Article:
January 12, 2010
U.S. places new restrictions on foreign aid to Colombia in the fight against drug trafficking and terrorism.
(Translated by Emily Hansen, CSN’s Program Assistant)
According to Congress’s new demands established in the aid package at the end of last year, the State Department must now verify that Human Rights defenders, including, but not limited to, journalists, unionists and politicians of the opposition, are being respected before Colombia can receive its annual US foreign aid allotment.
Congress included this new measure when it approved the budget law for foreign operations in 2010. Colombia is set to receive $530 million dollars in foreign aid from the US in 2010.
Like all years since the start of Plan Colombia in 2000, Congress included their “conditions package” in which it asks the State Department to certify, before handing over a percentage of the funds (30%), that the country is complying with various regulations, such as stopping and bringing to justice in civil courts military personnel accused of human rights violations, implicated in extrajudicial executions or by paramilitary ties.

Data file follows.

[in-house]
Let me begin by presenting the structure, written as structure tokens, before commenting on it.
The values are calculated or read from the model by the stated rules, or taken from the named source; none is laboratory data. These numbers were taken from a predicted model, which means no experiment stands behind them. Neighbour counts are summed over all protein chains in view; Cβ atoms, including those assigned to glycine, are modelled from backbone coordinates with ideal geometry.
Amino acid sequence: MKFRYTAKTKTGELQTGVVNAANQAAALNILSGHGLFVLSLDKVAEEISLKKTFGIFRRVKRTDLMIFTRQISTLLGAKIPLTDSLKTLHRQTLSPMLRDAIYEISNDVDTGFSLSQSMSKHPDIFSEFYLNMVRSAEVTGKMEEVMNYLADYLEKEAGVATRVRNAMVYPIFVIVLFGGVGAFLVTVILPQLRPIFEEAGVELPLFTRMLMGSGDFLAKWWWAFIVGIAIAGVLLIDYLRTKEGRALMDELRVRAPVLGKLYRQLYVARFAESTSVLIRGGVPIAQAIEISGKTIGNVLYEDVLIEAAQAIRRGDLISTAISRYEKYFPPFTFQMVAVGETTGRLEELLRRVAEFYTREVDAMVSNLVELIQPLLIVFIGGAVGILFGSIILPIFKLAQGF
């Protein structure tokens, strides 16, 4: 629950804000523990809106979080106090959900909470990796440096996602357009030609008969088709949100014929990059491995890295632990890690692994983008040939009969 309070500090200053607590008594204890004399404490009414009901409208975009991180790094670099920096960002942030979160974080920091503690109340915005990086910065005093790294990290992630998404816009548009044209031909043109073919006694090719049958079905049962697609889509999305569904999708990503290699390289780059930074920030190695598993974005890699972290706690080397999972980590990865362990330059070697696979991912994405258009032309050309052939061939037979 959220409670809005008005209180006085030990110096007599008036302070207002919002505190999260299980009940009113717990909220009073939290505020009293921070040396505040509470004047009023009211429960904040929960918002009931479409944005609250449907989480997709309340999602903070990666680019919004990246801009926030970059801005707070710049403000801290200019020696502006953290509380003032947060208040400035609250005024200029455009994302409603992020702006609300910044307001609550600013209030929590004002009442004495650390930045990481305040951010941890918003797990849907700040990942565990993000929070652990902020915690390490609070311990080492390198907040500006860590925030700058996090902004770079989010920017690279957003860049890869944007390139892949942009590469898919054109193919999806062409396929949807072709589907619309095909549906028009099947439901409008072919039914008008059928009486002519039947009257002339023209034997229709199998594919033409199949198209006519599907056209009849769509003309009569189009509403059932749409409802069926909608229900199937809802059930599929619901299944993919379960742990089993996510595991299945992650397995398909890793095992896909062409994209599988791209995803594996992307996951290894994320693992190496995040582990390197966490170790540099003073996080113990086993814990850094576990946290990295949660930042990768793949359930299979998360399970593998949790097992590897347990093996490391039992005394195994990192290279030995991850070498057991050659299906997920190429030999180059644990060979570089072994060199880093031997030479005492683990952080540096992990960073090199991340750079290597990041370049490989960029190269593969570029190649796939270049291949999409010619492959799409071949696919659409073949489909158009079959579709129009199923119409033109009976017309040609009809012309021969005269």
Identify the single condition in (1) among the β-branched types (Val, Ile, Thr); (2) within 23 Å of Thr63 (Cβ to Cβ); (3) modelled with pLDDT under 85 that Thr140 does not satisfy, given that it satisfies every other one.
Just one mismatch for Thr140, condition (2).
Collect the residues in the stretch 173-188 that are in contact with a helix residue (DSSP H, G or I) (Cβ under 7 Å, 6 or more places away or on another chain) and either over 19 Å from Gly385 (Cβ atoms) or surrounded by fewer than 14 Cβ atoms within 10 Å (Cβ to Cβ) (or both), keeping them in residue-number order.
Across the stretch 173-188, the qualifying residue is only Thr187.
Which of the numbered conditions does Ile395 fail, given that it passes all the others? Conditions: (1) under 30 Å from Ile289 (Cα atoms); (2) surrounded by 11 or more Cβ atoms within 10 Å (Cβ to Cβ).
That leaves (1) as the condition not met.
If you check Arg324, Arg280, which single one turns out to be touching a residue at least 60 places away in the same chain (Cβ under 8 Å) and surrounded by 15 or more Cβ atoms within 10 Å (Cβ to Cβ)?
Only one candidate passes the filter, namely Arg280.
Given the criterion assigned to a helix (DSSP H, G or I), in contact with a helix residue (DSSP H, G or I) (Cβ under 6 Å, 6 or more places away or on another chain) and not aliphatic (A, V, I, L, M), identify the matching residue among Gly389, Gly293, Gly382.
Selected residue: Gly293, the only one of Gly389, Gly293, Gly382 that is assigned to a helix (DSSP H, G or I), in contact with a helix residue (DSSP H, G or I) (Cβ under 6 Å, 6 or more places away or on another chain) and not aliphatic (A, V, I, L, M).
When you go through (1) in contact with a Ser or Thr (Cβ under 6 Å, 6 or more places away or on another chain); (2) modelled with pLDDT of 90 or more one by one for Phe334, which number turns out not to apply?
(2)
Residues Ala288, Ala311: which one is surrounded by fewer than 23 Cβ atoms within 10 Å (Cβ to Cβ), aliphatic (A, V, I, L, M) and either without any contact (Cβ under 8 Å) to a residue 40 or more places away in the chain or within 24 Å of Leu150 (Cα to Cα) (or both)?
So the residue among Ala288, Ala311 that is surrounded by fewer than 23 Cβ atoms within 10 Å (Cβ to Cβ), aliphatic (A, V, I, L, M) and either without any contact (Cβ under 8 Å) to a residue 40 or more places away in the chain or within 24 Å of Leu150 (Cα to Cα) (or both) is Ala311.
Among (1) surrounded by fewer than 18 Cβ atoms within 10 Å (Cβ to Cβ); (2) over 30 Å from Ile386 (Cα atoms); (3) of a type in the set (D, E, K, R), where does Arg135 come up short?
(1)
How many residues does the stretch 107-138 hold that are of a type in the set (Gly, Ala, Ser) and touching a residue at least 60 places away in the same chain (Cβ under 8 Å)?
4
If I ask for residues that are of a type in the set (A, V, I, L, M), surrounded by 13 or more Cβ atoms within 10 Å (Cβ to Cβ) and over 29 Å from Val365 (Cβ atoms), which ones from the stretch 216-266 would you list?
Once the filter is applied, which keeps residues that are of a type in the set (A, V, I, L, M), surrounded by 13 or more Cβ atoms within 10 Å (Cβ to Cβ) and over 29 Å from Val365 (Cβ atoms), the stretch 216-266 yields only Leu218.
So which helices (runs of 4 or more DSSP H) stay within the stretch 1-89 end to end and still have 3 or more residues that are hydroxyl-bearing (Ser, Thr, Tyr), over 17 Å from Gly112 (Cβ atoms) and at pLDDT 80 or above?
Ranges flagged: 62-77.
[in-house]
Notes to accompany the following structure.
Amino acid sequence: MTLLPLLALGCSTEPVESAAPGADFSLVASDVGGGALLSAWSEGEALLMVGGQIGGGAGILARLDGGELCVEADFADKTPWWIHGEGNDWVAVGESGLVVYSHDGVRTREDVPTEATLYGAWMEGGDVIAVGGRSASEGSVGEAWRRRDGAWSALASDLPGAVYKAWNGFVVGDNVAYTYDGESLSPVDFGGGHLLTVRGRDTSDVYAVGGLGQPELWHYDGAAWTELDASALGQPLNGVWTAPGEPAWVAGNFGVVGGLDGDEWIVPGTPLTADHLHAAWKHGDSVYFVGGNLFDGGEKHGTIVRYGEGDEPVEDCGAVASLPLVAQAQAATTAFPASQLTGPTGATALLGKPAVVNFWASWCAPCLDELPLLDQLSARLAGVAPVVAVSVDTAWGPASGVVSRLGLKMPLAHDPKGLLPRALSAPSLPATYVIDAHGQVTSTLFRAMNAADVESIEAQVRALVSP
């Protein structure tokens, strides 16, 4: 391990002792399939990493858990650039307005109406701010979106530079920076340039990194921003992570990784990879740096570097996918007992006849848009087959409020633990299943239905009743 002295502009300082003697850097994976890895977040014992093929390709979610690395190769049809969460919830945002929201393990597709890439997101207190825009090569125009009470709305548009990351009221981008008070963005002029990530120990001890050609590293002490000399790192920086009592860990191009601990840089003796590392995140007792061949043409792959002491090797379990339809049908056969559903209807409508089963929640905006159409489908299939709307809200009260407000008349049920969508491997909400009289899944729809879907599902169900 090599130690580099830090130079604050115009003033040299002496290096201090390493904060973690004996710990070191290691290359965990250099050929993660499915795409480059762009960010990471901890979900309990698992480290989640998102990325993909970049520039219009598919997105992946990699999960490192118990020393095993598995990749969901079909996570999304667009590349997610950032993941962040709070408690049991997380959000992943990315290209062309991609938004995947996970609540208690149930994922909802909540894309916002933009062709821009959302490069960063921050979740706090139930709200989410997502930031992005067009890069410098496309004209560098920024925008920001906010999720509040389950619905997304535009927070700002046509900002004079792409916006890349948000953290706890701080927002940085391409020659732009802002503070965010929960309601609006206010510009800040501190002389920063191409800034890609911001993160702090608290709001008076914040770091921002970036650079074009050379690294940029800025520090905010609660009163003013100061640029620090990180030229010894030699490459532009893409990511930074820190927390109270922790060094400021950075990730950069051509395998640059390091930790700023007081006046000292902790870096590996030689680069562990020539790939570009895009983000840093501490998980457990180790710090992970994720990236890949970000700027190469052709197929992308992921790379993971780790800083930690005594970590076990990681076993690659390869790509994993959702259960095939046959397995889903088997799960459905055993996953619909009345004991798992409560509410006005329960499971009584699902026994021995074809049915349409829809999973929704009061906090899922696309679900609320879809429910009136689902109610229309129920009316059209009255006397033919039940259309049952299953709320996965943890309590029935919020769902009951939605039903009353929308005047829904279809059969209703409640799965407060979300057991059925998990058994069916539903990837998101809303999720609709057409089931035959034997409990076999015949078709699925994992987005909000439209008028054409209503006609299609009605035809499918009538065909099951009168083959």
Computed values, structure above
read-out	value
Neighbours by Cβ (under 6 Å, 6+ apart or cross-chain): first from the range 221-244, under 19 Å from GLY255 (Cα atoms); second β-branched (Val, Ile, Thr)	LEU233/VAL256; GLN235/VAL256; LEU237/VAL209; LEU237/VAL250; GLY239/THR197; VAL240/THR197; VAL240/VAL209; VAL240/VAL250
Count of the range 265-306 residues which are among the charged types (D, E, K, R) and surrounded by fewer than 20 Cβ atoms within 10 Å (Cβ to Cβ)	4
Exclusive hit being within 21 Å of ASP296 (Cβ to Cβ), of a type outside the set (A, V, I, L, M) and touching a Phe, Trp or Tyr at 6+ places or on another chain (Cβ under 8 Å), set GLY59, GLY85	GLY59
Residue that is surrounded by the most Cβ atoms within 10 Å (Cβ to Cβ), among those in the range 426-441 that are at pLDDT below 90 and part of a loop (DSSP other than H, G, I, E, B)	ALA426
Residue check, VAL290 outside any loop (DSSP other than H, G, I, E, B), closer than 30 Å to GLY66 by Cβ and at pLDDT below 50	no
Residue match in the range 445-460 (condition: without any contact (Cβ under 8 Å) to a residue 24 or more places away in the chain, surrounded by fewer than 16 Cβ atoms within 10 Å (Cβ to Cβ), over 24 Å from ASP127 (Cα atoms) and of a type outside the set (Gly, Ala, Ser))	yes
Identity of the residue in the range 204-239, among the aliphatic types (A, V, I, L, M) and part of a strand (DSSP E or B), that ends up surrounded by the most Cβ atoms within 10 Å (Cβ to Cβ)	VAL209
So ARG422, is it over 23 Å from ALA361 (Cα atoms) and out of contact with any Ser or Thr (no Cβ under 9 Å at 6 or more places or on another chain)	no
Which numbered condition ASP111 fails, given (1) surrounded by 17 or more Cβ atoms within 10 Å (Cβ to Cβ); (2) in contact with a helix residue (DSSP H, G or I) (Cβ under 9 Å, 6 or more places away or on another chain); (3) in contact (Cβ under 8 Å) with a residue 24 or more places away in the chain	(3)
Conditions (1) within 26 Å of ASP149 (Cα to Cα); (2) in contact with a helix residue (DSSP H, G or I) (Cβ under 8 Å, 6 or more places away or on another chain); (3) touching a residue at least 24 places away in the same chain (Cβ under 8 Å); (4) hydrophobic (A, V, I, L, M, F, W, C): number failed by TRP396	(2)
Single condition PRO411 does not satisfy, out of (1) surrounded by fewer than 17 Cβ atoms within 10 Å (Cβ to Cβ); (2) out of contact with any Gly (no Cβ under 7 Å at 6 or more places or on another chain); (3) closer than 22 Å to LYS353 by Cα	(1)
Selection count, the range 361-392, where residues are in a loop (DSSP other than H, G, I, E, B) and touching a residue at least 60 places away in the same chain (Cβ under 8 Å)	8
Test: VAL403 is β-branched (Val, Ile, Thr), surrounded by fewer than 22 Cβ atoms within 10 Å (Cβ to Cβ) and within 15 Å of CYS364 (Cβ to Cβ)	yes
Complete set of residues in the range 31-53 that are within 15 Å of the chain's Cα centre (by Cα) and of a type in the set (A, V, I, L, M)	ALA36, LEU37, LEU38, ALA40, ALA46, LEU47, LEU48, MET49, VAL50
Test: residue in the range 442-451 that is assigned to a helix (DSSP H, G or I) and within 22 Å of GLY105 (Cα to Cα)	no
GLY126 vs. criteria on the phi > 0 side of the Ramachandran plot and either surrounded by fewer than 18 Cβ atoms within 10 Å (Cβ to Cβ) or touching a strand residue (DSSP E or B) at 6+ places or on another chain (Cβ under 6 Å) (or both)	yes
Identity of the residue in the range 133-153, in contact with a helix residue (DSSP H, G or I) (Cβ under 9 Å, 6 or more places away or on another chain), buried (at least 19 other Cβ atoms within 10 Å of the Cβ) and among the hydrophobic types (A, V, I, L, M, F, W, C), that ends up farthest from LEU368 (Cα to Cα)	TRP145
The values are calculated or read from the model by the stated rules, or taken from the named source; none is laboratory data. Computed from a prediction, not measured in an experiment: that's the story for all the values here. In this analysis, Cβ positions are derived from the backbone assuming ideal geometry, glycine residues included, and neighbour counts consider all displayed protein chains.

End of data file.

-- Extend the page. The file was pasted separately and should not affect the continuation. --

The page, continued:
But now, they must also verify that no human rights abuses have been incurred by the groups of people mentioned above.
“The new condition is extraordinary because for the first time a link has been established between US aid to Colombia and the protection of human rights activists. Congress sent a clear message…that more should be done to protect human rights in Colombia,” stated correspondent Andrew Hudson of Human Rights First – an NGO that has spent many years working for this change.
Sergio Gómez Maseri, El Tiempo Correspondent